In the workplace, electrical equipment can cause shocks, burns, or even electrocution. Ungrounding electrical equipment, bare wires, and live parts can all allow fault current to travel through the body. Even tools and equipment that are grounded can become hazardous under rough treatment. Therefore, employees must learn about the dangers associated with these hazards, and safety training is the best way to ensure that they are adequately protected.
Electricity at work regulations are a set of rules for safe electrical use in the workplace. They build on the Health and Safety at Work Act 1974 and require employers to assess risks and implement appropriate measures to prevent or minimise harm. Employers must also comply with the Management of Health and Safety at Work Regulations 1999, which require employers to assess the risks to employee health and safety associated with working with electricity. There are several ways to achieve compliance, including auditing, training, and compliance with the regulations.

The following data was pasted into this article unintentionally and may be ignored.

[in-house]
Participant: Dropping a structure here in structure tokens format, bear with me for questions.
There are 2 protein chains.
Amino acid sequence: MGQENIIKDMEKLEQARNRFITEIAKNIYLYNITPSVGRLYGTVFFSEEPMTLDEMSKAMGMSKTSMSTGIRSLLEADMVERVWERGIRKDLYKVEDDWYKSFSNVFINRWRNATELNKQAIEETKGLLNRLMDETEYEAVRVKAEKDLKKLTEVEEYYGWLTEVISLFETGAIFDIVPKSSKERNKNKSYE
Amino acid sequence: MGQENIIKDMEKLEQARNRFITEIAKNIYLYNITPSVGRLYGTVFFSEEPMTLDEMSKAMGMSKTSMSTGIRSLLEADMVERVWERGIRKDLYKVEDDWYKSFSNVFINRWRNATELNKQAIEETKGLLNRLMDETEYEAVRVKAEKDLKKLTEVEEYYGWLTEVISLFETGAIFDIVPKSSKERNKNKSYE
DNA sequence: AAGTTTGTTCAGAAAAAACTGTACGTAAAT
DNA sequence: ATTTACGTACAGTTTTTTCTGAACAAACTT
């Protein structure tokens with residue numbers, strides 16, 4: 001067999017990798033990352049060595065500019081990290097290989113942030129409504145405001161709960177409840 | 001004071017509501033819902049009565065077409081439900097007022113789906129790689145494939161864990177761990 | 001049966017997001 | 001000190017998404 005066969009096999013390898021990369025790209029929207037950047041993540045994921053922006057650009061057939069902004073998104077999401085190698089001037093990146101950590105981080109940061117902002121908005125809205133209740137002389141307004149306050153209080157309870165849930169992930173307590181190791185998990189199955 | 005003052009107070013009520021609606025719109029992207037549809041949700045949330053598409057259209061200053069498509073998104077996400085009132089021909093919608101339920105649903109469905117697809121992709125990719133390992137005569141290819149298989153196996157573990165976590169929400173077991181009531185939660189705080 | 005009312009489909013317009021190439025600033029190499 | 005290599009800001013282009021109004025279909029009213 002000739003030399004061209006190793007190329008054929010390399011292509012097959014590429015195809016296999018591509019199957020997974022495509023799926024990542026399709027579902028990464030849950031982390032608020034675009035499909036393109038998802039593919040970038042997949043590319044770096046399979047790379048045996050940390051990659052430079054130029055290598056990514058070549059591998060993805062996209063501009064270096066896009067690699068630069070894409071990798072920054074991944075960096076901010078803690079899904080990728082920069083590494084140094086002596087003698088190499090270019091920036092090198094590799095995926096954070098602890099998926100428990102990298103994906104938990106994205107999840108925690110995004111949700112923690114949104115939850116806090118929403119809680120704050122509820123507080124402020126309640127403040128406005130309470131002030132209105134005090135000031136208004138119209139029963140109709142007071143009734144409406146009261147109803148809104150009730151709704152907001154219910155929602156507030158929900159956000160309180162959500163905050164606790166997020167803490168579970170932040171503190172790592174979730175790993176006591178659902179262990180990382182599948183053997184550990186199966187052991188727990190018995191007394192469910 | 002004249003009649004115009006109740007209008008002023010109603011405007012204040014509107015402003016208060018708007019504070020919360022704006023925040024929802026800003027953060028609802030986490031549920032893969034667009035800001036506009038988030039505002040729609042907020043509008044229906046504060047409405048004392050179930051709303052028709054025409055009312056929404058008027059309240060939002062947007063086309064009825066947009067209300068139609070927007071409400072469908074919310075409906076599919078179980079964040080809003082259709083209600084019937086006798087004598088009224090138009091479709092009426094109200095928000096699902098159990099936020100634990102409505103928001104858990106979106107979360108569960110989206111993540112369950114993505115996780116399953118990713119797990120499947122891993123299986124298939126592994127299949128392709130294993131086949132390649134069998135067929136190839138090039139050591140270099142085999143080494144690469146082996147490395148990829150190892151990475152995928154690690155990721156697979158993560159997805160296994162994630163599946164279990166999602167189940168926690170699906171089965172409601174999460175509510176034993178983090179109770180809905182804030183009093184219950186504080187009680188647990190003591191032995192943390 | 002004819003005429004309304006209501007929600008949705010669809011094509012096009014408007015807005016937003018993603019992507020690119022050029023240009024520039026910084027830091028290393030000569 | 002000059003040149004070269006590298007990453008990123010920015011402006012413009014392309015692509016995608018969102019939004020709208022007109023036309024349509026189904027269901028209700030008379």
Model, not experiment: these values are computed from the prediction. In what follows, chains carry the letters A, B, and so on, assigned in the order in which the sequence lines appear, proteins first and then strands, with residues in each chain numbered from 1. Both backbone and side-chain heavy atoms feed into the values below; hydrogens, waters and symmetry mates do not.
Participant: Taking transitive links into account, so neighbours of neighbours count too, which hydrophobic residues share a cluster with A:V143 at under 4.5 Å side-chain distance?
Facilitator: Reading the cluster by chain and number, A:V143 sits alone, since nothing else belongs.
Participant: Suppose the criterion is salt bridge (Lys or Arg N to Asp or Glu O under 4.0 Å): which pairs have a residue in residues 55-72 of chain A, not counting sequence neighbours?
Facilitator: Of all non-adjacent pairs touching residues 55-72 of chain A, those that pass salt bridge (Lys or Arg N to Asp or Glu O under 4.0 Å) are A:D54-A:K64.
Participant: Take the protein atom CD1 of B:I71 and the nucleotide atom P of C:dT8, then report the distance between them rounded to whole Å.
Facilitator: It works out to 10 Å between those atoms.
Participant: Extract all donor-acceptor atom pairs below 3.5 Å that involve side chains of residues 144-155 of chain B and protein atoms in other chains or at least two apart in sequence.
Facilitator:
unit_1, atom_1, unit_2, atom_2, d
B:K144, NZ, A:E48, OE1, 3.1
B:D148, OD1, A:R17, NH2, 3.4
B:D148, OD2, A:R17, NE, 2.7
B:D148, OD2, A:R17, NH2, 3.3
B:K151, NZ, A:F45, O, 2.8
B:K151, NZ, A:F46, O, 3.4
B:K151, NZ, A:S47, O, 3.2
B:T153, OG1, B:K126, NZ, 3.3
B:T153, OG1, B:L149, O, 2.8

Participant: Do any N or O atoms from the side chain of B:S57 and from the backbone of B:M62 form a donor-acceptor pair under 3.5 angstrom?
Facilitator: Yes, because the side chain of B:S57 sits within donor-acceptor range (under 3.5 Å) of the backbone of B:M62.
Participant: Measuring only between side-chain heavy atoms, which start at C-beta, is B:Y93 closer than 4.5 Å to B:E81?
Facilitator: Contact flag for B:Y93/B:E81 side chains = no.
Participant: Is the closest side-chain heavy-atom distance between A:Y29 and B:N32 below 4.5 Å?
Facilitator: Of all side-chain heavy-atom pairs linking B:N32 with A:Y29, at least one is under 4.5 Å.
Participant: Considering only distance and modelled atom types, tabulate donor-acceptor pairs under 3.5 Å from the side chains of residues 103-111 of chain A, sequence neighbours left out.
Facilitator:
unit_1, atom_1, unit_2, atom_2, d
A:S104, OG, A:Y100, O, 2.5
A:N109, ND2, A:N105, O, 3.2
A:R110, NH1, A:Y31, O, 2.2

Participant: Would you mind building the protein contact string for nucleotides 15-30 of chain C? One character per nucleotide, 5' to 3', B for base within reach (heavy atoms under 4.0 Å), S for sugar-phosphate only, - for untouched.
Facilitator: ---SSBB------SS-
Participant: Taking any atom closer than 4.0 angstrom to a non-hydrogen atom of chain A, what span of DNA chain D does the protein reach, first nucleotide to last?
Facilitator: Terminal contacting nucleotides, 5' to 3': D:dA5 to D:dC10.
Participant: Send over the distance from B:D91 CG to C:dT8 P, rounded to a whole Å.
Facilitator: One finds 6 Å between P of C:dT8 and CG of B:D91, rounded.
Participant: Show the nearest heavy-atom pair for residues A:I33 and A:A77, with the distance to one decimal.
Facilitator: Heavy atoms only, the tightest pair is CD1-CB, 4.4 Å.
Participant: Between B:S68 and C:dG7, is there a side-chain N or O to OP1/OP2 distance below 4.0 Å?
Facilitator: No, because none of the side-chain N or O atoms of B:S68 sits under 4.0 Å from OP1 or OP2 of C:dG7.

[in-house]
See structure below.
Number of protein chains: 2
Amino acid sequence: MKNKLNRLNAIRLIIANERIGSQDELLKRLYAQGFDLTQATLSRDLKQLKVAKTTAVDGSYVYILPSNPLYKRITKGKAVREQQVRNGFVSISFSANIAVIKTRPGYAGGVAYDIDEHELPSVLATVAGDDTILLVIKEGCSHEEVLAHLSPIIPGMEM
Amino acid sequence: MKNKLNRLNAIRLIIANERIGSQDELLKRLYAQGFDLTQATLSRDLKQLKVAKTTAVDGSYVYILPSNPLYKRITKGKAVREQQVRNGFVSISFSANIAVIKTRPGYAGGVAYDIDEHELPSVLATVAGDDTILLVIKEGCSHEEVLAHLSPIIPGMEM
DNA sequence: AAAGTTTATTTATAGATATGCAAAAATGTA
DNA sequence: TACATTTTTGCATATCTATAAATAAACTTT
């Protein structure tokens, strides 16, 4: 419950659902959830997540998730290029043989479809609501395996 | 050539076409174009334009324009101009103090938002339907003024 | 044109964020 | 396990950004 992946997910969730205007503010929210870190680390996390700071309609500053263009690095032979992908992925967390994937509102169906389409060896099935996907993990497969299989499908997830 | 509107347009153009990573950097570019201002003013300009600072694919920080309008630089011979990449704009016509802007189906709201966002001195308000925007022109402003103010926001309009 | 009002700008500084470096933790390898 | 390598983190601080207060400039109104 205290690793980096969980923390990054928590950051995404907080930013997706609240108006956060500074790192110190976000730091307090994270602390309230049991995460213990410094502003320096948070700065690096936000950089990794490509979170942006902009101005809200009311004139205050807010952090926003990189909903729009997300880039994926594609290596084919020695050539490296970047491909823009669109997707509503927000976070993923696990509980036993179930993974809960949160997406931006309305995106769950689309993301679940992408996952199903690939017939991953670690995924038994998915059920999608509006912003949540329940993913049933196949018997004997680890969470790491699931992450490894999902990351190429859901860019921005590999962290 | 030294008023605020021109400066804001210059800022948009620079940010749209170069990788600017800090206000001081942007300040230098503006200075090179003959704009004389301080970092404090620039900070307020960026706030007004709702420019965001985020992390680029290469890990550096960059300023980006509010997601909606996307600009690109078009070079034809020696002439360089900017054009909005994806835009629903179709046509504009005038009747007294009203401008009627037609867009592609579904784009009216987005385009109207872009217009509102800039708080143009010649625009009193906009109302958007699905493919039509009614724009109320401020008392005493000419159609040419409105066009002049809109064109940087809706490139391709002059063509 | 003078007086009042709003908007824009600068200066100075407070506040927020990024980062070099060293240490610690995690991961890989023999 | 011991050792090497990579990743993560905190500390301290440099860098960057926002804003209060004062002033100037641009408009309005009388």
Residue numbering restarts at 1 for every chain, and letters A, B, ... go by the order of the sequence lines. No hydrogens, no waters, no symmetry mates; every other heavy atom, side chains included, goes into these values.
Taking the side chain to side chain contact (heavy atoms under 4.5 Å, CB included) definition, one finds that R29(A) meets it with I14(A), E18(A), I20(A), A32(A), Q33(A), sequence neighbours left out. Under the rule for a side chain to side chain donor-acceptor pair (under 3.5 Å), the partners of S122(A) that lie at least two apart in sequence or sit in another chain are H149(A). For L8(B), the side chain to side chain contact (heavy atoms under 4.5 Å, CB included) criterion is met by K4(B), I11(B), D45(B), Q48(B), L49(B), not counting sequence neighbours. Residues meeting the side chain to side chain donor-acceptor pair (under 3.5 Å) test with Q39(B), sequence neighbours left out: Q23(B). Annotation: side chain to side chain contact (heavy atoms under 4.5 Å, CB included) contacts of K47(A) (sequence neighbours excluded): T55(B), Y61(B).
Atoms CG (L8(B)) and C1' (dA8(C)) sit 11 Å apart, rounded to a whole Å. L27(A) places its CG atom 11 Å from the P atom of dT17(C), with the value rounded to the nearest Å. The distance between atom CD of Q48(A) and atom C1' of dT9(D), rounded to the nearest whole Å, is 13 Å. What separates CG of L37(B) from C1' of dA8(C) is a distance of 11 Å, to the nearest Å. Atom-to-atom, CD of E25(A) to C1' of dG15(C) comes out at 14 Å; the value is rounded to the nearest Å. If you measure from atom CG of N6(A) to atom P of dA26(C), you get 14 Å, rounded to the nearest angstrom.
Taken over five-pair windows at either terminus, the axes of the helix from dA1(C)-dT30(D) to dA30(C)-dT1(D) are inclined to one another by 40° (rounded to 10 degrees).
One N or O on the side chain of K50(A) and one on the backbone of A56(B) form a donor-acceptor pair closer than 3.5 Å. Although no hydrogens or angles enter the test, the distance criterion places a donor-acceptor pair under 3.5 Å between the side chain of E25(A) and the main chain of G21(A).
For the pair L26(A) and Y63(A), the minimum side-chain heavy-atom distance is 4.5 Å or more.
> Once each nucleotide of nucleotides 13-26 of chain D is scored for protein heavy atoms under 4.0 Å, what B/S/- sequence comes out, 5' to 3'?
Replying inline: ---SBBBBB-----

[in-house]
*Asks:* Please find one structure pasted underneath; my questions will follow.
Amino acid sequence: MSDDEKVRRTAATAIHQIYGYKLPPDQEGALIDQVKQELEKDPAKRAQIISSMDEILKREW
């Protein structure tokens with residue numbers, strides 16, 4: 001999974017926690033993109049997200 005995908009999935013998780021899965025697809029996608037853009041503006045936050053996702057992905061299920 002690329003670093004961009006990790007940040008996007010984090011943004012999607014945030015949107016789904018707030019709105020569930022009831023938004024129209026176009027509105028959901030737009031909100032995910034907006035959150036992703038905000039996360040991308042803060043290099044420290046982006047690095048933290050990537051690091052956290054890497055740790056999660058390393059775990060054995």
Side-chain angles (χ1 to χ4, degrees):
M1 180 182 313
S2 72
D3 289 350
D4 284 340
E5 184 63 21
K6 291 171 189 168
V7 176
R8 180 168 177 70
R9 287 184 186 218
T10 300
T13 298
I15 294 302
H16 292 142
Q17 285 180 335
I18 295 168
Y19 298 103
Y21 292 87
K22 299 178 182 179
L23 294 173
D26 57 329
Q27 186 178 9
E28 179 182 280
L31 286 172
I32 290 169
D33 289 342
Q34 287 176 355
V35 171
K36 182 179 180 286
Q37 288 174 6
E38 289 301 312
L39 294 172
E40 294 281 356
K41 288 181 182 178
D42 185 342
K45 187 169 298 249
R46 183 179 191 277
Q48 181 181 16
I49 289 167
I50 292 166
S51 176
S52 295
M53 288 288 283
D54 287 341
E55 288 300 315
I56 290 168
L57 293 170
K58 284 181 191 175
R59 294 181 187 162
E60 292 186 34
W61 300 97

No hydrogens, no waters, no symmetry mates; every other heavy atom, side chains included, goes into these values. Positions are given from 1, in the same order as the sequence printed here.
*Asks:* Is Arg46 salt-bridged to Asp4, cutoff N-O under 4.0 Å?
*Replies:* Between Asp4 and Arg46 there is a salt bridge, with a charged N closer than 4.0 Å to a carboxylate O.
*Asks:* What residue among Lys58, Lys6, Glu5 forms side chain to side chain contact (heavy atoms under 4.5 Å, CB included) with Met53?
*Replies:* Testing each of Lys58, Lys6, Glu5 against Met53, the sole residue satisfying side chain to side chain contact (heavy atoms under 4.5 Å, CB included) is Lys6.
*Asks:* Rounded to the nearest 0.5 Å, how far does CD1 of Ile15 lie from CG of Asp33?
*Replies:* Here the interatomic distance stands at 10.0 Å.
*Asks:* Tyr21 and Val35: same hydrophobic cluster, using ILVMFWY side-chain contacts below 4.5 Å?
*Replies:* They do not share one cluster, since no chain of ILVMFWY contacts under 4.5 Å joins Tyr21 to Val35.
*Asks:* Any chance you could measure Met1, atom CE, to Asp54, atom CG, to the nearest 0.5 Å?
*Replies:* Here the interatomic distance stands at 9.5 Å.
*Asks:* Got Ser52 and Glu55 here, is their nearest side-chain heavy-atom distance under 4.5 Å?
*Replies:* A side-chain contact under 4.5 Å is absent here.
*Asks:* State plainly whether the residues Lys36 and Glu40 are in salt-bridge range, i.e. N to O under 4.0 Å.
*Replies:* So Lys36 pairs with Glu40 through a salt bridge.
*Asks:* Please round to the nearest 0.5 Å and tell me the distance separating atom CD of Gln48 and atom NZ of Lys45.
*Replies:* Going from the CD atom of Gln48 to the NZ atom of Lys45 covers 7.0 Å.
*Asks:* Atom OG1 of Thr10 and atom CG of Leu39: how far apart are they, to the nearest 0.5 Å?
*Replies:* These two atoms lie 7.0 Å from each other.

To avoid an electrical accident, employees should always understand how electricity works and how to avoid electrical hazards. Personal protective equipment should be worn at all times, including when cleaning or servicing machines. Cords should be kept free from kinks and must not cross carpets or doorways. Moreover, extension cords should be used only when necessary, and they should not be plugged in simultaneously. Additionally, the cords should never come into contact with water or damp surfaces toonily.